By the way, here’s an Indiegogo campaign to raise funds to finish the movie.
A visit to the grocery store wine section inspired this week’s Swirl column about the Red Blend wine category. Wine brands with dessert-themed names that clearly telegraph “sweet wine here” have been all the rage lately, to wit: “Cupcake,” “Layer Cake,” “Red Velvet” and “Cherry on Top.” And then I saw a label that just cuts to the chase with “Sweet Red Wine.”
BNA Wine Group, which Swirl visited recently, prefers the nudge-and-wink of its pie-themed labels. Besides, it turned out some of the wines, made by wine industry insider and St. Helena small-town hero Tony Leonardini, have more going for them than a trendy name. Here’s a full review of the BNA wines:
2012 “Bandwagon” Monterey Unoaked Chardonnay ($17.50) There’s a saline freshness that keeps it lively through lingering, peanut brittle and golden apple pie flavors. Crisp enough on the palate, but a bit hot rather than thirst-quenching, with a lingering sensation of sweetness.
2011 “Butternut” California Chardonnay ($17.50) Just reeks of heavily toasted oak, what else to say. It’s like someone took a barrel of Rombauer, a Napa Chardonnay that’s generally viewed as the gold standard of the toasted oaky, buttery Chardonnay style, set it on fire and watched it burn for kicks. But that’s an observation, not a criticism: this is a popular wine, and Leonardini works with a consultant to keep it consistent. It’s a deep gold hue, has got sweet, buttery, kettle corn flavor, and slobbery viscosity.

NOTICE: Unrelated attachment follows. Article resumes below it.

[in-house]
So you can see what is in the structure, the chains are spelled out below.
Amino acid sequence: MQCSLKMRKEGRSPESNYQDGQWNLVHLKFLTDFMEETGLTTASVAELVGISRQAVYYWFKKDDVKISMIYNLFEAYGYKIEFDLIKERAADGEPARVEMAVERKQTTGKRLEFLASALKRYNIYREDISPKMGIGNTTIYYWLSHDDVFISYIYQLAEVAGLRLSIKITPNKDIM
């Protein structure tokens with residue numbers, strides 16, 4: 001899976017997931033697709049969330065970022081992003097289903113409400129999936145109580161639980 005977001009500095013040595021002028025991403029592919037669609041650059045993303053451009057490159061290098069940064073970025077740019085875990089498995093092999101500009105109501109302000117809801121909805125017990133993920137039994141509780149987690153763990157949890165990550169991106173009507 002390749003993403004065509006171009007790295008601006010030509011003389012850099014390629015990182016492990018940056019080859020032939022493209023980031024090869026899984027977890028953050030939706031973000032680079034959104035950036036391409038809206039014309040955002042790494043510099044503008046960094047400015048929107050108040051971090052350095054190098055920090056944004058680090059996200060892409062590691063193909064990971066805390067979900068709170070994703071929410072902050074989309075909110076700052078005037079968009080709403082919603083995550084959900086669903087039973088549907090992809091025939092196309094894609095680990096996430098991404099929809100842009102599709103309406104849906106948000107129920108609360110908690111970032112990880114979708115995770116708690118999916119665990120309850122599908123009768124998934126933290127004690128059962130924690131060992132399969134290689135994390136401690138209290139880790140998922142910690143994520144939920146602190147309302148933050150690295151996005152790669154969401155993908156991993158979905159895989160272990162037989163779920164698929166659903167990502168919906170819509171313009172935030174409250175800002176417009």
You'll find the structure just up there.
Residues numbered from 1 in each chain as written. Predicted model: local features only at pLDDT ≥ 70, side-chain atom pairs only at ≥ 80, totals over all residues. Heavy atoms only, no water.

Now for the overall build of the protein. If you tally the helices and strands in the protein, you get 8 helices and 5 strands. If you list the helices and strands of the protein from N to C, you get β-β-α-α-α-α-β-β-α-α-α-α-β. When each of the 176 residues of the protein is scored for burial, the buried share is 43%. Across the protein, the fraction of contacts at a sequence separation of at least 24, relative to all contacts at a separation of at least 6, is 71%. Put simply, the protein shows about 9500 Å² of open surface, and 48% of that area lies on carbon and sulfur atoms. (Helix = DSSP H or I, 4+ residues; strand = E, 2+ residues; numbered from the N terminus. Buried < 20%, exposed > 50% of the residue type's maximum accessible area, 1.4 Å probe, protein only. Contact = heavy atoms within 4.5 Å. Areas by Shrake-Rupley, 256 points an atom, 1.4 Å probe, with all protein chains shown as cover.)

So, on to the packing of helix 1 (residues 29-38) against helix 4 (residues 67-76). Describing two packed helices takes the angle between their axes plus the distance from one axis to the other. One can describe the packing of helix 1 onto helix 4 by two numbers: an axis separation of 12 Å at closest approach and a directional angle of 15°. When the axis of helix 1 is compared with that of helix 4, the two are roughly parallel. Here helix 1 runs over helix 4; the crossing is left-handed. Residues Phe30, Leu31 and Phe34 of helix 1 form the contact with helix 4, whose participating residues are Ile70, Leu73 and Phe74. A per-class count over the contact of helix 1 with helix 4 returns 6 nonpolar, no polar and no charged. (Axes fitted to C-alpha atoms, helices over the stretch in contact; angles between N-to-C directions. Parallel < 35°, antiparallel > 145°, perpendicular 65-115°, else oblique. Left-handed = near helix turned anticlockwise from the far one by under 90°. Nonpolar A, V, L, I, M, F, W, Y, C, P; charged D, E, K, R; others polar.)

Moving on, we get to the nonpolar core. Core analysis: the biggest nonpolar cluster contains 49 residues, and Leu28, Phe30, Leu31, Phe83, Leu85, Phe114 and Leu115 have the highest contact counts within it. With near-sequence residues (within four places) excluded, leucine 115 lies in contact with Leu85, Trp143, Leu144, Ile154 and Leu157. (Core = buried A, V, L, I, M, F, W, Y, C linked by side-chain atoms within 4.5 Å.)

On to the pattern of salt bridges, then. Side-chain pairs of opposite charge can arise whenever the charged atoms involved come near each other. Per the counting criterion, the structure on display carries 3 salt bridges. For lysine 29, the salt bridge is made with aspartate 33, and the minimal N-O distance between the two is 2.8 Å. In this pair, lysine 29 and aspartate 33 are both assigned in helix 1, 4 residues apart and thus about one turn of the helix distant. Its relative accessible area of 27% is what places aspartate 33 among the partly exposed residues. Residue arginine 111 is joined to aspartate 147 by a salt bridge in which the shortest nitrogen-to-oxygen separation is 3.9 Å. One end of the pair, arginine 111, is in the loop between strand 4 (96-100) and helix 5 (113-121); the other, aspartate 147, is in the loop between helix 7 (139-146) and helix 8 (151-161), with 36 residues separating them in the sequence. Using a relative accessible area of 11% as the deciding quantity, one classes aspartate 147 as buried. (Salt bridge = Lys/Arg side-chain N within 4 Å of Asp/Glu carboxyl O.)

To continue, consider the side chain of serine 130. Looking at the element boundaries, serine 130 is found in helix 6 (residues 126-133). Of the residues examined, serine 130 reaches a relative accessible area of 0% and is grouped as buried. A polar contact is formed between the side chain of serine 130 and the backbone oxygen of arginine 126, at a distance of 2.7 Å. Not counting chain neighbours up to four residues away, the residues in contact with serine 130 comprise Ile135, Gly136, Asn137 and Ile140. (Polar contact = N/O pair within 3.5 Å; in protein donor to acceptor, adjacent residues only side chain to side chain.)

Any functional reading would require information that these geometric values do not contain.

2012 “Nanna’s Shortcake” Lodi Zinfandel ($17.50) It’s a dessert, but the aroma keeps it interesting. Raspberry syrup leaps out of the glass, accented with spicy clove and Pier 1 furniture aromas. Flavors of soft, sweet, strawberry and raspberry jam, such as from little breakfast packets.
2012 “Humble Pie” Cabernet Sauvignon ($17.50) There’s a reason the Central Coast is big on Chardonnay and Pinot: Central Coast Cab used to have a bad reputation. But there’s no funky green pepper aroma here. Their sleight of hand does not involve wine additives, says Leonardini, but calculated deployment of oak, and a fair amount of “flash détente,” a super-heating and cooling procedure that’s “Great for color, weight and a bit of the aromatics.” Pumice stone, pencil lead at first whiff, then a sort of “berry medley” breakfast snack bar character. Dusty raspberry-vanilla. Smooth, easy drinking.
2011 “The Rule” Napa Valley Cabernet Sauvignon ($24) Also with the pumice and pencil notes. Stony black fruit, with some sweetness on the backend, competing with sturdy tannin. Incense aromas crop up after a time.